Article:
Hardware for Machine Learning - 2021 - Best CPU, GPU, Motherboard guide
This is a guide to help you choose the best cost effective hardware for your machine learning projects.
Which one is best depends on your specific project needs and these can vary greatly.
If you just want to start learning ML, your current computer will mostly likely be ok and you can use google colab for heavier tasks.
If you are currently unsure of what ML problems you want to solve but want to get a catch most scenarios, cost-efective rig now that can also game and do game dev, here is what I suggest and close to what I am actually using:
A Quick answer:
- RTX 2060 Super 8g
- Intel Xeon E5 2678v3 12c/24t
- 32G of DDR3 RAM 1866Mhz (the 2678v3 supports both ddr3 and ddr4)
- Huananzhi x99-tf motherboard
- 1T SSD
- 650w PSU
On the GPU side, for a safer bet you should aim at minimum the Turing architecture (RTX 20XX cards) and 8g of vram as its the minimum for most models, more over RTX cards supports 16 bit which at the expense of precision gives you much more performance and space. The RTX 2060 Super 8g is the best bang for buck in that matter
On the CPU side, lots of ML tasks requires heavy pre-processing or simulation such as ones involving video games or robotics. If you want to support two GPUs at once or do other work while training, a solid 12 core CPU with at least a cinebench score of 1500 is recommended. Older x99 xeons offer the best bang for buck in that matter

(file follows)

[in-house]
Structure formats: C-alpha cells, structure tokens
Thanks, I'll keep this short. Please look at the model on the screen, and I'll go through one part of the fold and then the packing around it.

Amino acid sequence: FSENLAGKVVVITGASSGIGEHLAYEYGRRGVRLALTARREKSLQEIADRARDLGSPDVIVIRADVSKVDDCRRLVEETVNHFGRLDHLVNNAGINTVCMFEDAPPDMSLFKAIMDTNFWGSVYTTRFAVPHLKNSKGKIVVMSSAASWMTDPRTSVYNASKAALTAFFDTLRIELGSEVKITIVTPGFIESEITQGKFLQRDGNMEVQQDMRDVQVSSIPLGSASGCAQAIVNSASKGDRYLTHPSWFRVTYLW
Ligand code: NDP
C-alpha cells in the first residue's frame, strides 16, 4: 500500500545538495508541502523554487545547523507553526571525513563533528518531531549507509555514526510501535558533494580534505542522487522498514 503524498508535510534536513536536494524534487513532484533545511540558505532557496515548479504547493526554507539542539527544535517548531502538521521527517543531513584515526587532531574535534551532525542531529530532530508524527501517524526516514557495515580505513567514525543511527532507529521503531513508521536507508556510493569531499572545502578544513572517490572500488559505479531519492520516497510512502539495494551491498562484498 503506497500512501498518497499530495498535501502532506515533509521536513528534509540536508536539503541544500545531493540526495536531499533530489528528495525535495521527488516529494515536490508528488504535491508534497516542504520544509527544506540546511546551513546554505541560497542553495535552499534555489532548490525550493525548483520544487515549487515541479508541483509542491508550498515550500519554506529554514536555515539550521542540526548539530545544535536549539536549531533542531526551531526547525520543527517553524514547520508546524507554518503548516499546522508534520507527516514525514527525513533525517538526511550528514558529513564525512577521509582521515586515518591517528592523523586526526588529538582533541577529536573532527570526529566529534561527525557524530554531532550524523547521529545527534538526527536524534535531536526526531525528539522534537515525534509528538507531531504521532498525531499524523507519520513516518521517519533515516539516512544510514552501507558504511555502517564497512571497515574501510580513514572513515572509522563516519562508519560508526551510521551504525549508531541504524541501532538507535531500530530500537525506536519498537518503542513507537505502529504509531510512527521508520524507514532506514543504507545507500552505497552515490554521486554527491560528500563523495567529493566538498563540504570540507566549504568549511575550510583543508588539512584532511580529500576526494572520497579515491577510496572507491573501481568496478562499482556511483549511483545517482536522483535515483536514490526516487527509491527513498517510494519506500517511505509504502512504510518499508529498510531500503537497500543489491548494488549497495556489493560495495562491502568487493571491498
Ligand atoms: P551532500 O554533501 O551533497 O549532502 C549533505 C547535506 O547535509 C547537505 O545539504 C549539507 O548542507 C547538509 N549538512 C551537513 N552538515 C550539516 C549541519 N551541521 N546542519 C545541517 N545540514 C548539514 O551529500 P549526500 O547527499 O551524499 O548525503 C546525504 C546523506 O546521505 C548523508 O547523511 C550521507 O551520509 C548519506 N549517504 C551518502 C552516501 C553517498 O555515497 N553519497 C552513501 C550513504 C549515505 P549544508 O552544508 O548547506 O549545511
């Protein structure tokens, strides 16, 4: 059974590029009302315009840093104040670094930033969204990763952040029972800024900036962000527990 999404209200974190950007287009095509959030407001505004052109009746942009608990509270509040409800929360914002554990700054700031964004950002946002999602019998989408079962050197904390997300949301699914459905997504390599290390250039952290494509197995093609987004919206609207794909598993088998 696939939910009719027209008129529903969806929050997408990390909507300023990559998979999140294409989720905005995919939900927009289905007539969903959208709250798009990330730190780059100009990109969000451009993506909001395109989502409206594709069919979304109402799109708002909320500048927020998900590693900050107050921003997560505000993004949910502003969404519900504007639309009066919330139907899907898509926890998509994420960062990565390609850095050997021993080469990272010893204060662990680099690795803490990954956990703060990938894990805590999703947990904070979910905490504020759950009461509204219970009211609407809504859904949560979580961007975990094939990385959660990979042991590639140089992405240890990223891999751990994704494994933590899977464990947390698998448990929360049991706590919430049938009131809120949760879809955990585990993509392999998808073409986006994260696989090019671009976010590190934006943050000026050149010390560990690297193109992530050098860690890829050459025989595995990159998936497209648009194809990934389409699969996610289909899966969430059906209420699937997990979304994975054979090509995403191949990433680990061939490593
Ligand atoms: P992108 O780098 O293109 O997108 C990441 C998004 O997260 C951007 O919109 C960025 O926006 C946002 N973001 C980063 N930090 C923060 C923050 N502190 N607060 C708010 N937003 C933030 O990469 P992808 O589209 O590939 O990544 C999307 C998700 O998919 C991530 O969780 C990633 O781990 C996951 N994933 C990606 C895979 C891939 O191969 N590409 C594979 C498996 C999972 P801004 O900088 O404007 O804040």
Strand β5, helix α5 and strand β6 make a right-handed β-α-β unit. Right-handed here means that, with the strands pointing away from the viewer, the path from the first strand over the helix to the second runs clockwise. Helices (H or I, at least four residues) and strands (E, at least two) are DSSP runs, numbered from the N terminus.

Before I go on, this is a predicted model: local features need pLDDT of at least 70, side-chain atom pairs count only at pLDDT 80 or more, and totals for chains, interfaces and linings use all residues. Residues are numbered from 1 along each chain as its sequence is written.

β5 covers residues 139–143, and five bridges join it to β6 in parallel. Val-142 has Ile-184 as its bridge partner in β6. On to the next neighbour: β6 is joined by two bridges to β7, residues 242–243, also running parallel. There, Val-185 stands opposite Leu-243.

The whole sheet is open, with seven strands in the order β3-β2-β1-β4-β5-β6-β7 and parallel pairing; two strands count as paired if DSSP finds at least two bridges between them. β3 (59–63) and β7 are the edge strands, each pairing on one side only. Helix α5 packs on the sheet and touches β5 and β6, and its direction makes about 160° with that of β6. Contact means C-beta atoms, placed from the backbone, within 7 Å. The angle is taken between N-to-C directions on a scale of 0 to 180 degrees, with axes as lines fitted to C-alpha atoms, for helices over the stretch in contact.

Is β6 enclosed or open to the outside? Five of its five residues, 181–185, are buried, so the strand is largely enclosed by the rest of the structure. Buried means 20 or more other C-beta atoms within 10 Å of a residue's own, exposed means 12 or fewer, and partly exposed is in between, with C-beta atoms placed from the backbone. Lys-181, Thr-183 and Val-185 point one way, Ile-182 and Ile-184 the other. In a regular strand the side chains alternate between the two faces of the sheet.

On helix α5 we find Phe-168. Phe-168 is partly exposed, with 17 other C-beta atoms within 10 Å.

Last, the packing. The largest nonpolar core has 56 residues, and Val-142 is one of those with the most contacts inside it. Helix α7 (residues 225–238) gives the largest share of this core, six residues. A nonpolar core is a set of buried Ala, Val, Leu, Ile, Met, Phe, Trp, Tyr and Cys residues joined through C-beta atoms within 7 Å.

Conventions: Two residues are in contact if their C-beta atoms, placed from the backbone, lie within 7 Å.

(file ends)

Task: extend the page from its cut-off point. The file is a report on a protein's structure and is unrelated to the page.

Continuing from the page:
For the ram side, it really depends on which other task you are doing, I use Unreal Engine so 32GB is recommended, no difference in performance between ddr3 or ddr4 for the older xeons
For the motherboard, idealy you would want one that supports multiple GPUs so you can expand your rig later. The Huananzhi x99-tf provides awesome value in that matter, it supports two full speed PCIE 3.0 16x slots and one PCIE 3.0 4x.
An HDD will become quickly a bottleneck, especially for task where you need to pre-process lots of data so an SSD is a must. ML data sets and models can become quite huge so 1T is recommended
Longer answer (Work In Progress):
- Determine which ML problem(s) you want to solve
- Test it on the cloud first (AWS, Azure) for a few $
- Profile and identify the bottlenecks with tools such as the NVIDIA profiler
- Get the hardware the addresses those bottlenecks
Now some might say the above steps are obvious but I feel lots of people still buy hardware head first or are not sure of which specific ML problems interests them yet so I divided this guide into possible scenarios:
AI playing retro videogames
If you are interested in solving retro videogames using AI such Super Mario Bros for NES or racing games such as Hang-On on the Sega Master System:
A 2GB NVIDIA GPU (Pascal architecture and up) such as the MX150 found in many laptops is good enough to get resonable training times as these games can be solved with 1.7M parameters CNN models, the default one provided in OpenAI’s baselines which fits easily under 2GB for 8-16 environements at same time using the PPO2 algo. My laptop have this GPU and actually used it to work on solving the entire Hang-On game on the first difficulty level.
- NVIDIA MX150 2G
- Intel i7-8550u 4c/8t
- 8G/16G DDR4
Note that your CPU needs to be 4 core and up to keep up with your GPU, but if your CPU is weak like for mining rigs but you have at least a 3GB NVIDIA Pascal GPU you can use NVIDIA Cule solution that simulates the game on the GPU instead of CPU, in that case a 2 core Celeron is enough. However this is limited to Atari 2600 games.
RL for Robotics (TODO)
AlphaZero for board games(TODO)
Vision tasks (TODO)
tags: hardware - gpu - cpu - motherboard - machine learning